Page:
Key Learning AreasTechnology
Volume 45 Number 1, March 2008; Pages 150–165
The application of psychological theories to education has traditionally been either domain-general or domain-specific. Domain-general theories of learning, in particular the theory of ‘general intelligence’ or ‘g’, were popular from the early twentieth century. However, research on the nature of expertise in the mid-1970s triggered a shift towards domain-specific theories of intelligence and these are now prominent. Current domain-general theories of learning include Howard Gardner’s theory of multiple intelligences and the theory proposed here of successful intelligence. Successful intelligence is an individual’s ability to use his or her capabilities in a balanced way to achieve success in life. Success is seen as individually defined, and requires people to recognise and work with their own strengths and weaknesses. An appropriate balance of analytical, creative and practical abilities is ideal. Teaching according to this theory helps students to develop their strengths and compensate for or improve their weaker areas. Most schools focus on analytical abilities, which disadvantages students who are strong in creative or practical intelligence. The analytical bias can also lead to the disadvantage of ethnic minority children, who often have strengths in non-conventional areas. A number of studies have tested the theory. One looked at children who were considered ‘gifted’ in one or more of the three types of intelligence. Those high in creative and practical intelligence came from considerably more diverse backgrounds than the children with high analytical intelligence, which is the traditional conception of giftedness. When these children were taught an advanced psychology course in a way that matched their intelligence type, they outperformed students who were taught in a way that did not match. Another study involving Grade 3 and Year 8 students in a low-income neighbourhood demonstrated that students who were taught with a combination of analytical, creative and practical approaches outperformed other students who were taught using standard memory-based curricula or purely analytical thinking. Other studies suggest that a ‘successful intelligence’ assessment predicts college performance better than the USA's Standardised Aptitude Test. The most recent version of the theory includes wisdom, the use of intelligence for a higher prosocial goal, as an additional intelligence type.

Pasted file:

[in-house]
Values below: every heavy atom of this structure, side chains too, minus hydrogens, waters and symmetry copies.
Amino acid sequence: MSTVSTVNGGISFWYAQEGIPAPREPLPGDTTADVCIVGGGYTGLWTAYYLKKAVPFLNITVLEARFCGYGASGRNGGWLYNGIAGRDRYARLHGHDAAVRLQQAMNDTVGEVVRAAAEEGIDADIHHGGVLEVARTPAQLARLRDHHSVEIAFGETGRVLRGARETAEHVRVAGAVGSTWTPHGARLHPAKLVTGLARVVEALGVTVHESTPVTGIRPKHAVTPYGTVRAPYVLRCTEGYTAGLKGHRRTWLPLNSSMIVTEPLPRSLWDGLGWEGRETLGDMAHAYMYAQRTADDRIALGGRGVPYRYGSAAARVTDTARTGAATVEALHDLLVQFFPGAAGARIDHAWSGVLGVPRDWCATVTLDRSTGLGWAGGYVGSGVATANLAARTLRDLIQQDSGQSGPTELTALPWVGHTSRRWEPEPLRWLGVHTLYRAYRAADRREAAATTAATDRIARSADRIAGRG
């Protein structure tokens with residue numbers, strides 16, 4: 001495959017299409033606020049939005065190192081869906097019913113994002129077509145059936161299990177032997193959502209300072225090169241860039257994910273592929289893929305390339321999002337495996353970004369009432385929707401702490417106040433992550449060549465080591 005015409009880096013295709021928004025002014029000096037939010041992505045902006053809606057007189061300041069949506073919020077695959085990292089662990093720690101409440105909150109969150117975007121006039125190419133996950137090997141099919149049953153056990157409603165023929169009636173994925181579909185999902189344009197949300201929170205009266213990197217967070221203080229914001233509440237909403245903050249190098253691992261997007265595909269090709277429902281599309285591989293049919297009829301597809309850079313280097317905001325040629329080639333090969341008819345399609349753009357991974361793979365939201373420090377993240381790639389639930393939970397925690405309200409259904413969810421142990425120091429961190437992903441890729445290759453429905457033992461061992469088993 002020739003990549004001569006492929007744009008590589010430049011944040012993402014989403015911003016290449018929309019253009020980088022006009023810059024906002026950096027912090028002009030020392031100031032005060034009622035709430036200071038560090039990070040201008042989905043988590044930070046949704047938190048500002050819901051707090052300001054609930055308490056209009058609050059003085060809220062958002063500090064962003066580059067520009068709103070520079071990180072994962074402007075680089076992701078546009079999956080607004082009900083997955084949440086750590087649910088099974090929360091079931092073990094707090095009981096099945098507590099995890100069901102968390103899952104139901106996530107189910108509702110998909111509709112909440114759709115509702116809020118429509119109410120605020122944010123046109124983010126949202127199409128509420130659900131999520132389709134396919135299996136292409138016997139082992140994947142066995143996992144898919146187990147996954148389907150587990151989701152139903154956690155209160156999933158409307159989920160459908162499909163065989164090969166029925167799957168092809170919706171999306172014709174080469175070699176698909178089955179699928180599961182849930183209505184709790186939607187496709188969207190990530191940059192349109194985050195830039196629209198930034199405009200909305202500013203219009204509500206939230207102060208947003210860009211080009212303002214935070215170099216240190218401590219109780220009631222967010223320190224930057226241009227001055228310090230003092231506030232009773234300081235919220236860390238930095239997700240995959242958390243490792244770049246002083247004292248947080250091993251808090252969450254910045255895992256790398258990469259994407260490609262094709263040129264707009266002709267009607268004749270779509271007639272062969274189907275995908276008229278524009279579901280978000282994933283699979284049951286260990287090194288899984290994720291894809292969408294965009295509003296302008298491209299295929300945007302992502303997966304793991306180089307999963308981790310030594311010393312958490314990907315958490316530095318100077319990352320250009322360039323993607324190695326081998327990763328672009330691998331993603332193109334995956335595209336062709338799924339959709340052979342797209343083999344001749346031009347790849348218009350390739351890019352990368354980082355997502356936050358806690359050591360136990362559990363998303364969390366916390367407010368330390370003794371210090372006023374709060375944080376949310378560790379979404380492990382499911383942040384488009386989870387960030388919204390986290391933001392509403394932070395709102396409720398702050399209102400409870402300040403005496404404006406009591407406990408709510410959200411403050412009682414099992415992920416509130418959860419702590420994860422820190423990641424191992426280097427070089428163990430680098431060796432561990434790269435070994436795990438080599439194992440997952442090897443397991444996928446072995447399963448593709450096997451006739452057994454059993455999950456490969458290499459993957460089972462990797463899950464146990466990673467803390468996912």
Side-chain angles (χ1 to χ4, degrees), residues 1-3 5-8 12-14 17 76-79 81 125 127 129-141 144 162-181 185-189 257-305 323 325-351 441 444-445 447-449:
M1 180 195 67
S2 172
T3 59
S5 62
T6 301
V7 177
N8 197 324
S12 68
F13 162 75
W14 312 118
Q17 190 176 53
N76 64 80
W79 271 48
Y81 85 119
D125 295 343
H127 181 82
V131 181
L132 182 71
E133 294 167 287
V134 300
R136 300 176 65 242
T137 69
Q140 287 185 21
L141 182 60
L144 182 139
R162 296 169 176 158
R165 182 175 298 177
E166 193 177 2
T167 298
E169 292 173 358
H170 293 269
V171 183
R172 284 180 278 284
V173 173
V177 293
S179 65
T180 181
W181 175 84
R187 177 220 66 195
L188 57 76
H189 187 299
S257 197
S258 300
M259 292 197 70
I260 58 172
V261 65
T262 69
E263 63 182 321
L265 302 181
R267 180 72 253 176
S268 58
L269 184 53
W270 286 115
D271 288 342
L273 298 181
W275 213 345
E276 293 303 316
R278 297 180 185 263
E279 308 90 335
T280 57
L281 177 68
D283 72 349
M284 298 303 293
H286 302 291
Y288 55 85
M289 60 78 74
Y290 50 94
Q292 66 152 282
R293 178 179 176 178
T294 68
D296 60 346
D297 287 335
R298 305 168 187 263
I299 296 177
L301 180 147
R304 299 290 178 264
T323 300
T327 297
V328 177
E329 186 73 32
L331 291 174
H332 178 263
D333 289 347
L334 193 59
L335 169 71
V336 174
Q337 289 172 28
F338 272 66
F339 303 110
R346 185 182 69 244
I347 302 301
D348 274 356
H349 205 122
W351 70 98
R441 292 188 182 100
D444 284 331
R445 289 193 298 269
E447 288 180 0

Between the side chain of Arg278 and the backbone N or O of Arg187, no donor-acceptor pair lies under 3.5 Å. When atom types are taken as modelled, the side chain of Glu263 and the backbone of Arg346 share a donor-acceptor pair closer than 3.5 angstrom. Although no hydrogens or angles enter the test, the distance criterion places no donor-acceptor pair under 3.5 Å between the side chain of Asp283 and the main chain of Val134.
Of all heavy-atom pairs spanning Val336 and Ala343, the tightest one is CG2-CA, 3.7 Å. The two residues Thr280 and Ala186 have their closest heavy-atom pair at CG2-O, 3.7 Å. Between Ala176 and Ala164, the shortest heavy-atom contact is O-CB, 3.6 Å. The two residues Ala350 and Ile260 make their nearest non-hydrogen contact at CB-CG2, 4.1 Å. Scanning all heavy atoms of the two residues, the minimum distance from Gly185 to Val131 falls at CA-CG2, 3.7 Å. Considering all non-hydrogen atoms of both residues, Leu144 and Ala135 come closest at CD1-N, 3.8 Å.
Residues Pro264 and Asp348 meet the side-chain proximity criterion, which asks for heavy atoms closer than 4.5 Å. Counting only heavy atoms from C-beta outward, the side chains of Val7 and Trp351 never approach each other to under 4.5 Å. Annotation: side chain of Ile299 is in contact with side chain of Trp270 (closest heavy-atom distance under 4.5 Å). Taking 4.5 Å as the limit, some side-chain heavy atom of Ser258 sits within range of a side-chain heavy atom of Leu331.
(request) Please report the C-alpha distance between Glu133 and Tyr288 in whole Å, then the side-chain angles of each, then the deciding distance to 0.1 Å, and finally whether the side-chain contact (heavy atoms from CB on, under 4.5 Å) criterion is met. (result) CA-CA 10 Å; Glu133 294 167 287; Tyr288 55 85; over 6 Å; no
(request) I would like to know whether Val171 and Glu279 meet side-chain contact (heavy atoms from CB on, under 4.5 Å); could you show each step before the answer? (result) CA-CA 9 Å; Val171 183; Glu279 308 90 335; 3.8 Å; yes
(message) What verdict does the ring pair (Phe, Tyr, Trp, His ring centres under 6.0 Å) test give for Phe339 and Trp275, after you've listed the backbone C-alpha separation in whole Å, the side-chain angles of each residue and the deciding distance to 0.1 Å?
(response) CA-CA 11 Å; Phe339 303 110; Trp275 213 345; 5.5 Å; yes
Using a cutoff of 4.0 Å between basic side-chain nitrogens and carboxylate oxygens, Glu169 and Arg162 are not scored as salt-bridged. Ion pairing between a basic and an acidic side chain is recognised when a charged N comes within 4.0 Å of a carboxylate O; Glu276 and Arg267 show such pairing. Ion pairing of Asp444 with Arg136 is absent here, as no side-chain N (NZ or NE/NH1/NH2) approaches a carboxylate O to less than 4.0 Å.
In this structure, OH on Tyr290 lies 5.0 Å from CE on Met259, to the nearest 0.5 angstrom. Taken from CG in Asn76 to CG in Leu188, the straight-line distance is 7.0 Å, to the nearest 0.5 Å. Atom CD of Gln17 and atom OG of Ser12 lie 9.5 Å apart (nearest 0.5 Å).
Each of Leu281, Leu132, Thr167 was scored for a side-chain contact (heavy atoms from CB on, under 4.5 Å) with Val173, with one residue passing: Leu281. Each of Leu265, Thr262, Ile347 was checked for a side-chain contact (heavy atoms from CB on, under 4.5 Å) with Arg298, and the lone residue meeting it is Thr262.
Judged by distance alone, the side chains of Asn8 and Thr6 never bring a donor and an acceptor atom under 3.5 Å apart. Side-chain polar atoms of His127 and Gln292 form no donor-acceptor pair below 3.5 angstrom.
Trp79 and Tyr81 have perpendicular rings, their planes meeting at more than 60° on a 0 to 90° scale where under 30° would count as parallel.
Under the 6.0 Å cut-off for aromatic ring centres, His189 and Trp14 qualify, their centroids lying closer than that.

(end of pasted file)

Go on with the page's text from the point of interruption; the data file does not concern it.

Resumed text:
Subject HeadingsPsychology of learning
June 2008; Pages 5–8
Shakespeare’s plays formed part of the popular culture of his time, and many of the popular texts available today are equally appropriate for study in school literacy education. The strong connection between today’s popular culture and youth is very useful for teacher librarians wanting to help young people negotiate the intricacies of adolescence. Three recent books are presented as examples of popular culture that address the respective issues of youth and childhood, economic and political forces, and culture and learning. The text Ads r us by Claire Carmichael, set in the near future, explores youth identity through the characters of Barrett and Taylor. Barrett was raised in a simple rural cult, while
Key Learning AreasEnglish
Social life and customs
Vocabulary: the key to teaching English language learners to read
December 2007; Pages 189–193
Lack of vocabulary is the greatest obstacle for English-language learners (ELLs) in reading at an appropriate grade level. Extensive reading is important in developing vocabulary, but it must also be supported by explicit vocabulary work in the classroom. The minimum number of words needed to enable extensive reading is thought to be between 3,000 and 5,000, and while students with English as a first language have commonly learnt between 5,000 and 7,000 words prior to starting school, ELLs usually lag far behind. Classroom vocabulary study should address both breadth of vocabulary, or the number of words known, and depth, which is the richness of each word’s meaning and includes knowledge of collocations and phrases as well as information about sound and spelling. Strategies that help ELLs to acquire vocabulary include using cognates in the first language, if they exist. Cognates are words derived from a common root which have retained similar meanings, pronunciation and spelling. It is also important to ensure that ELLs know the meaning of the basic words that first-language speakers are already familiar with. Review and reinforcement are crucial and can be carried out through read-alouds. In a mixed-background classroom, first-language students as well as ELLs have been shown to benefit from explicit vocabulary instruction and word-learning strategies. General vocabulary knowledge has been argued to be the most accurate predictor of reading comprehension, and helping students to acquire vocabulary should be a high priority in literacy teaching for ELLs.
Key Learning AreasEnglish
Subject HeadingsEnglish as an additional language
English language teaching
Education for sustainability for the K–6 curriculum: a unit of work for pre-service primary teachers in NSW
Volume 23, 2007; Pages 3–12